given $7500 to complete the murder. (See Id. at
p.4382) Curry gave Young a gun to kill McCray. (See
Young and Rakeem Baskerville found McCray in Newark, New
Jersey. As McCray was walking with his stepfather, Ronnie
Davis, Young approached McCray, then shot and killed McCray.
(See Id. at p.4399-4400)
McCray had been shot and killed, the F.B.L visited petitioner
in prison to question him about McCray's murder. (See
Id. at p.4753) Petitioner became upset after one of
these visits. (See id.)
had had discussions with other inmates about McCray both
before and after McCray's murder. Indeed, Troy Bell,
another prisoner, stated that petitioner told him at one
point that, "all I know, my informant could be dead. He
said, my dudes is looking for him to put a bullet in his
melon, but they can't find him." (See Id.
at p.5060) Bell also stated that petitioner told him he knew
who his informant was, that he told this information to his
brother Rakeem Baskerville, and that he told him to
"handle it." (See Id. at p.5067) Eric
Dock, another prisoner, similarly stated that petitioner told
him that his brother was out there looking for his informant
and that they were "trying to put a hole in his
melon." (See Id. at p.5263) Subsequent to
McCray's murder, petitioner told one of his fellow
prisoners, Eddie Williams, that he would have been a fool to
tell the F.B.I, he had the murder done, even though he did.
(See Id. at p.4753)
January, 2005, Young came to the F.B.I, to explain that he
was involved in the murder of McCray. (See T.T. at
p.3871) Young knew facts about the murder such as the
positioning of McCray's body after he was killed, and
that McCray also had a cigarette and a dust mask. (See
Id. at p.3891) Ultimately, Young pled guilty to
murdering a witness. Under a cooperating agreement, Young
agreed to testify truthfully for the government. (See
Id. at p.4596)
29, 2006, a Fourth Superseding Indictment was returned
against petitioner. (See Crim. No. 03-836 ECF 82)
Petitioner was charged with several counts of drug offenses
as well as two counts related to the murder of McCray; namely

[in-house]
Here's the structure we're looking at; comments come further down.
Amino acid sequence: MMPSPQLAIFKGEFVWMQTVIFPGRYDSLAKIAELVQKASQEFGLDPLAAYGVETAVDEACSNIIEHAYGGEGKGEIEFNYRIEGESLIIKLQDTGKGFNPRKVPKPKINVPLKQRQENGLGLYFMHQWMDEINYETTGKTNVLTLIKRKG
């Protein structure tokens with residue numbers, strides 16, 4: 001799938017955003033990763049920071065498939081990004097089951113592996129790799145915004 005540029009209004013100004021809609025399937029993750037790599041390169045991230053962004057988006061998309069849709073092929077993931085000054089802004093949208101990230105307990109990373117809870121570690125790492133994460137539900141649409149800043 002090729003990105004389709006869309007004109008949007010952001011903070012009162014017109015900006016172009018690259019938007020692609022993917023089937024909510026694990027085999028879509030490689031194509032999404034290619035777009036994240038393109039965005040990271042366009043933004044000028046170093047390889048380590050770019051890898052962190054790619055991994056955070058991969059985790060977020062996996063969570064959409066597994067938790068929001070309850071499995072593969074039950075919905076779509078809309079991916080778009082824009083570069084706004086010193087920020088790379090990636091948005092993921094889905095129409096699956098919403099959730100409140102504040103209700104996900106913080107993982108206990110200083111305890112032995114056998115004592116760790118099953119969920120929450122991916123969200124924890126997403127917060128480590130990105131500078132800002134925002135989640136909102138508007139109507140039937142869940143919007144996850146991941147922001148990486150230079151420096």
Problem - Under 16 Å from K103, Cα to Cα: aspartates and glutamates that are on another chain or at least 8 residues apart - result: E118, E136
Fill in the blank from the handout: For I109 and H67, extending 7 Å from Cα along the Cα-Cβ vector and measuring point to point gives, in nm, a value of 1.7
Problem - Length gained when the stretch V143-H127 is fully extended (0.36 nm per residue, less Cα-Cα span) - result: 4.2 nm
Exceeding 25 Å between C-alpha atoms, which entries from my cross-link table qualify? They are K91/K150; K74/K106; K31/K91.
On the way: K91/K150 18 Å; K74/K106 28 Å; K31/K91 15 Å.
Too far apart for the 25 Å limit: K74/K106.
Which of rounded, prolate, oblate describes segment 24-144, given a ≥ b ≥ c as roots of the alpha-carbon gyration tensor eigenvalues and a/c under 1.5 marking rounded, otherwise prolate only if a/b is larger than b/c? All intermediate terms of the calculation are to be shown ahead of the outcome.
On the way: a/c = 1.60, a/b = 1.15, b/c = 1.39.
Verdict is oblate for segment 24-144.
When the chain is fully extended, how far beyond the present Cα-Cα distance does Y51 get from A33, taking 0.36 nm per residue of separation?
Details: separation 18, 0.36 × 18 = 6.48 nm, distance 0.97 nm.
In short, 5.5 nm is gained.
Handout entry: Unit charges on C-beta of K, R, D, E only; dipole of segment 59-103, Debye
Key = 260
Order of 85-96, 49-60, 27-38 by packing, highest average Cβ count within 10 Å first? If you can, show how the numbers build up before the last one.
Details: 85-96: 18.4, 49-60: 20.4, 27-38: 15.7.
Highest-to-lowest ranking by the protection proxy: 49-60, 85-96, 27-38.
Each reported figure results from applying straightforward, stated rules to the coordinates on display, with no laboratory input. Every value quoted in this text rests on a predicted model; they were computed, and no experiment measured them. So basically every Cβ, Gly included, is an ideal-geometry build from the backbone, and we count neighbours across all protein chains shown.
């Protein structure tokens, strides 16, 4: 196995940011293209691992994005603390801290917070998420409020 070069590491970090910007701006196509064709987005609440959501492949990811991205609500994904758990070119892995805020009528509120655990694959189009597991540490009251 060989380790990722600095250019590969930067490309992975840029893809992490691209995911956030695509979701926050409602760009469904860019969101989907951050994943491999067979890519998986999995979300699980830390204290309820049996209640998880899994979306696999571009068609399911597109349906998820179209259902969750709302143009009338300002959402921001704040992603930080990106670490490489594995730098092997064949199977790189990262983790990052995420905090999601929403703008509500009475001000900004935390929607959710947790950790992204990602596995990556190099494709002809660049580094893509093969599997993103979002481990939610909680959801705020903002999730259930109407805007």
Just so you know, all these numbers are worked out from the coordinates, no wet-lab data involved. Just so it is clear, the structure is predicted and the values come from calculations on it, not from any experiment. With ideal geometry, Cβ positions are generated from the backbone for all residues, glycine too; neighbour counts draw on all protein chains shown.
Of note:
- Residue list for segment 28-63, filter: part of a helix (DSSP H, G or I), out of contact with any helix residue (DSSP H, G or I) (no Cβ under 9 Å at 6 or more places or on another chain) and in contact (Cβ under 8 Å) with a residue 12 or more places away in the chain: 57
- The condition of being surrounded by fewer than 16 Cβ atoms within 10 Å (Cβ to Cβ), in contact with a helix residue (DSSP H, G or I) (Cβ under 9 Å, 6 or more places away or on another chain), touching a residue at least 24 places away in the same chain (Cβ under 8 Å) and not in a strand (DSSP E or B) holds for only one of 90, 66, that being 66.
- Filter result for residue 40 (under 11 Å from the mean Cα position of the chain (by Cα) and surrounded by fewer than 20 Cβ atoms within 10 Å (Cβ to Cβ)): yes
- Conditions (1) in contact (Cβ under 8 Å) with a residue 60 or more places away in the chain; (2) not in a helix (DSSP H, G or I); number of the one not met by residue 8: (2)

conspiracy to murder a witness and conspiracy to retaliate
against an informant.
2007, petitioner went on trial before now retired District
Judge Joel A. Pisano.
During jury selection, the District Court and parties settled
on a venire of fifty-two potential jurors. The prosecution
exercised peremptory challenges to strike four of the five
African American venirepersons. The defense objected,
claiming that the prosecutors impermissibly used peremptory
challenges to prevent African Americans from being seated on
the jury. See Batson v. Kentucky, 476 U.S. 79');">476 U.S. 79, 89,
106 S.Ct. 1712, 90 L.Ed.2d 69 (1986) (holding that the use of
peremptory challenges on account of race violates the Equal
Protection Clause). In response, the prosecution volunteered
explanations for its use of peremptory challenges principally
focused on the stricken jurors' attitudes toward the
death penalty and relation to convicted criminals. Defense
counsel did nothing to challenge the proffered explanations
and the District Court overruled defense counsel's
objection, finding that the prosecution's reasons were
race-neutral, credible, and not pretextual.
Prior to trial, the prosecution filed a motion in limine
seeking to introduce statements made by McCray while alive,
pursuant to the forfeiture-by-wrongdoing exception to the ban
on hearsay set forth in Federal Rule of Evidence
("FRE") 804(b)(6). Rather than hold a pretrial
evidentiary hearing to determine whether the exception's
elements were met, as defense counsel requested, the District
Court reviewed the prosecution's extensive proffer of
evidence connecting [William] Baskerville to McCray's
murder. The District Court then indicated that it would admit
the statements subject to the prosecution's making of the
necessary connection at trial. Shortly before the end of
trial, the District Court ruled definitively that the
prosecution had made the necessary showing to admit
McCray's statements under FRE 804(b)(6).
The District Court so ruled based upon evidence that the